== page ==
His numbers in 2012—which include a 73.3 percent catch rate, 14.1 yards per catch and a 7.2-yard average after the catch, per Pro Football Focus (subscription required)—provide the only real evidence available of what kind of receiver Broyles can be when healthy.
Sadly, that six-game sample might represent the healthiest and most productive we ever see him in the NFL.
It's certainly worth wondering how sudden and explosive he will be after three major injuries to his lower body. There may be progress made in the recoveries of both ACL and Achilles tendon tears, but the cumulative effect on start-and-stop movements could be significant for a 5'10" slot receiver.
Broyles doesn't have great long speed. He has always relied on short-area quickness to get open, and there are probably no two injuries that can hurt such a trait more than what Broyles has suffered through the last two seasons.
He'll now need to prove over the next few months that his best qualities haven't been overly damaged.
The Lions' offseason of player acquisitions has also hurt Broyles' chances.
Detroit wisely attacked one its most glaring weaknesses, signing Golden Tate away from the Seattle Seahawks and using the No. 10 overall pick on North Carolina tight end Eric Ebron. General manager Martin Mayhew also drafted Notre Dame receiver T.J. Jones in the sixth round.
The three additions shrunk Broyles' margin for error considerably.
Keep in mind, the 5'10" Broyles has been primarily a slot receiver in the NFL. According to PFF, 200 of his 301 career routes have come from the slot, or roughly two-thirds. And, of his 44 career targets, 32 came after he lined up in the slot at the snap. Targets from outside the slot make up just 27 percent of his career total.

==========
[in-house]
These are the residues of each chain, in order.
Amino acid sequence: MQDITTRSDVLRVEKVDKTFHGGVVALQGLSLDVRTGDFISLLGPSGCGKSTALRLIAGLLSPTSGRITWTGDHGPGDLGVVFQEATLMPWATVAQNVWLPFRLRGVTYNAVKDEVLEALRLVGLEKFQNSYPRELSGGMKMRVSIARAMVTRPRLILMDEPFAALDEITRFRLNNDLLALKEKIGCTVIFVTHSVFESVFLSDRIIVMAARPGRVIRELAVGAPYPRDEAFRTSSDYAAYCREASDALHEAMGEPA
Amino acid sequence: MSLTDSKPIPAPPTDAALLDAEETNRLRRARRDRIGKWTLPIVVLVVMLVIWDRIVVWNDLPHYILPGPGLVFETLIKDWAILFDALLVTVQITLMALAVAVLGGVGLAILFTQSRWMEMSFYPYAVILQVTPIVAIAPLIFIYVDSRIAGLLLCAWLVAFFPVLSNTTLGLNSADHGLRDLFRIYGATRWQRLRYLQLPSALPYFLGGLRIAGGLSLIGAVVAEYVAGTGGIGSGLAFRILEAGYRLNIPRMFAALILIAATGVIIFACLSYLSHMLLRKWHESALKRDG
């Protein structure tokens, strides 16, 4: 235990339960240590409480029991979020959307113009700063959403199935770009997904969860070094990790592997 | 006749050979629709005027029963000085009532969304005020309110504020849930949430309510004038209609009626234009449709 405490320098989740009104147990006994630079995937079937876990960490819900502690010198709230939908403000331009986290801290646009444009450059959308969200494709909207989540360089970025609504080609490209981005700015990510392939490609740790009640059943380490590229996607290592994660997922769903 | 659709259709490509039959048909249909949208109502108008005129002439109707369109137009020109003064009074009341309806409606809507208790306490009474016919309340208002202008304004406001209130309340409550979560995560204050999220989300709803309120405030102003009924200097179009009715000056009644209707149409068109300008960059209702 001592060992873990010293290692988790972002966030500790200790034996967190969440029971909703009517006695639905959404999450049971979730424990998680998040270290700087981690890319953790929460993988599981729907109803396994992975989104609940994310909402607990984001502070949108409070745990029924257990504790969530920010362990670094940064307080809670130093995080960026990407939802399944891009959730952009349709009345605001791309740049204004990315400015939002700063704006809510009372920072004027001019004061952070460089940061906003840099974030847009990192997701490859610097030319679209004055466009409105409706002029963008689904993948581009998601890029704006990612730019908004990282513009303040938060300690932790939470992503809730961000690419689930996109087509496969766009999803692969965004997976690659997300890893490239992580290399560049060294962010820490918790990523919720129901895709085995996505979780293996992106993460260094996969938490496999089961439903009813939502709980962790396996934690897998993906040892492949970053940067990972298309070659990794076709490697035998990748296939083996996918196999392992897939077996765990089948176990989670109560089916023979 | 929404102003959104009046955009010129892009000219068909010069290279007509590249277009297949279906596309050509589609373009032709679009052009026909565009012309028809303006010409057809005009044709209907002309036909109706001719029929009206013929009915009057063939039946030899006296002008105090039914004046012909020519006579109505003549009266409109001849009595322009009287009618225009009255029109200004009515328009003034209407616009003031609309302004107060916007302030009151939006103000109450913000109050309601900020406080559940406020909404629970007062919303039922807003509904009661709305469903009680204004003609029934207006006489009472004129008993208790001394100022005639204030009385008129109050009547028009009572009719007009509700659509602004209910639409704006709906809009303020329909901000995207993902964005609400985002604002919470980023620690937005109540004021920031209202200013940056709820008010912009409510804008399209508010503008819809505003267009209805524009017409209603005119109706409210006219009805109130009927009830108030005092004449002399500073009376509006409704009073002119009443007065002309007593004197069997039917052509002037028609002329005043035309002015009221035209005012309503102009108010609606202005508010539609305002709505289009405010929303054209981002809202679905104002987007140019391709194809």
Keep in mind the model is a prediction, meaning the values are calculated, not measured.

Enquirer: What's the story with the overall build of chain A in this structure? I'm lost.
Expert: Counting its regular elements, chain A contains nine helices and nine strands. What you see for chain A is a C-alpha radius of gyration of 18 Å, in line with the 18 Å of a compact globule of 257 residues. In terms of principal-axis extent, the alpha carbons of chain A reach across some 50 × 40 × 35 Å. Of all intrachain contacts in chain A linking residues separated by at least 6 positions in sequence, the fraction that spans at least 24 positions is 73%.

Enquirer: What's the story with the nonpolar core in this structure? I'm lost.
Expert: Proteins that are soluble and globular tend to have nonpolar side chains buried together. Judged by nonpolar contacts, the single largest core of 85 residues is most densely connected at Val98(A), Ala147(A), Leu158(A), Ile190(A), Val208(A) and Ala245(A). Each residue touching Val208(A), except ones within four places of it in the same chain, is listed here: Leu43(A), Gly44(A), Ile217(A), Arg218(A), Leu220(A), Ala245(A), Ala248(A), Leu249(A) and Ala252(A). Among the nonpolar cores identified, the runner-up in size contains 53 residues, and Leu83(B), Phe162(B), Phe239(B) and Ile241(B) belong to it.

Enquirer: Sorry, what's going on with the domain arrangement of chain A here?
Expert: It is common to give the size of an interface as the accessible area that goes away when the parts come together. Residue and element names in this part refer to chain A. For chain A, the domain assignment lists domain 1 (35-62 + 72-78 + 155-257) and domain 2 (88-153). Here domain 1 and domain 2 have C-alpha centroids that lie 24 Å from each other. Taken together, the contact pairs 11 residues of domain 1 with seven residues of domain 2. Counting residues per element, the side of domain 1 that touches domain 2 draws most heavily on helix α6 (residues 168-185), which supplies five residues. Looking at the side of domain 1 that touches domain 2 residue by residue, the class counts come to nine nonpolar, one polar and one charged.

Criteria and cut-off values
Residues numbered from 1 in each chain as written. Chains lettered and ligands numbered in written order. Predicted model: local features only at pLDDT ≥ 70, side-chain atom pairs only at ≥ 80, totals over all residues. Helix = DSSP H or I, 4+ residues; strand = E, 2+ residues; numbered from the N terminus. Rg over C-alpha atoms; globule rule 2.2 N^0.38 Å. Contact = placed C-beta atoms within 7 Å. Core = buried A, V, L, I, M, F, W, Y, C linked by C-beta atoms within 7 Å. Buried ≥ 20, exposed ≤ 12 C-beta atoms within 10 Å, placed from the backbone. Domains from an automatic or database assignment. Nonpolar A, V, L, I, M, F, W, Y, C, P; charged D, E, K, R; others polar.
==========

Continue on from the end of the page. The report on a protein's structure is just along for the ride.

This is a problem for several reasons.
For starters, Tate has experience in the slot and will likely play inside on several formations. He's an underrated player in space, and the Lions will want to get him as many opportunities to run after the catch as possible—especially underneath when defenses key in on Johnson. It's fairly easy to envision sets that have Johnson on the perimeter and Tate tucked in next to him in the slot.
But an even bigger problem for Broyles is the arrival of Ebron and Jones, two players who are expected to take on roles in the slot.
Ebron is a glorified receiver playing tight end. After the draft, we discussed at length how the Lions and new offensive coordinator Joe Lombardi will use Ebron in a Jimmy Graham-like role. Part of his package will almost certainly include snaps in the slot, where Graham ran almost half his routes last season. Only two tight ends—Tony Gonzalez and Jason Witten—saw more targets from the slot than Graham in 2013.
Jones, a 6'0", 188-pound receiver taken in the sixth round, might as well be insurance for Broyles. He enters the NFL with an extensive background playing the slot from his time at Notre Dame. If the Lions were at all confident in Broyles staying healthy, there'd be no need to draft a player so similar in likely usage.
It all adds up to a long road back for Detroit's second-round pick in 2012.
There's little doubt that if healthy, Broyles can earn a role as a complementary possession receiver for a Lions offense that should feature its fair share of three-wide sets. Such a scenario would give Detroit a ridiculous wealth of receiving options, including Johnson, Tate, Ebron, Brandon Pettigrew and both running backs. Not many offenses in the NFL today could match that depth and firepower.
But three straight serious injuries and the influx of new talent should ensure this offseason is a make-or-break one for Broyles. Either he will prove healthy and ready to contribute, or the Lions will likely move on with the new players acquired this offseason.
Zach Kruse covers the NFC North for Bleacher Report.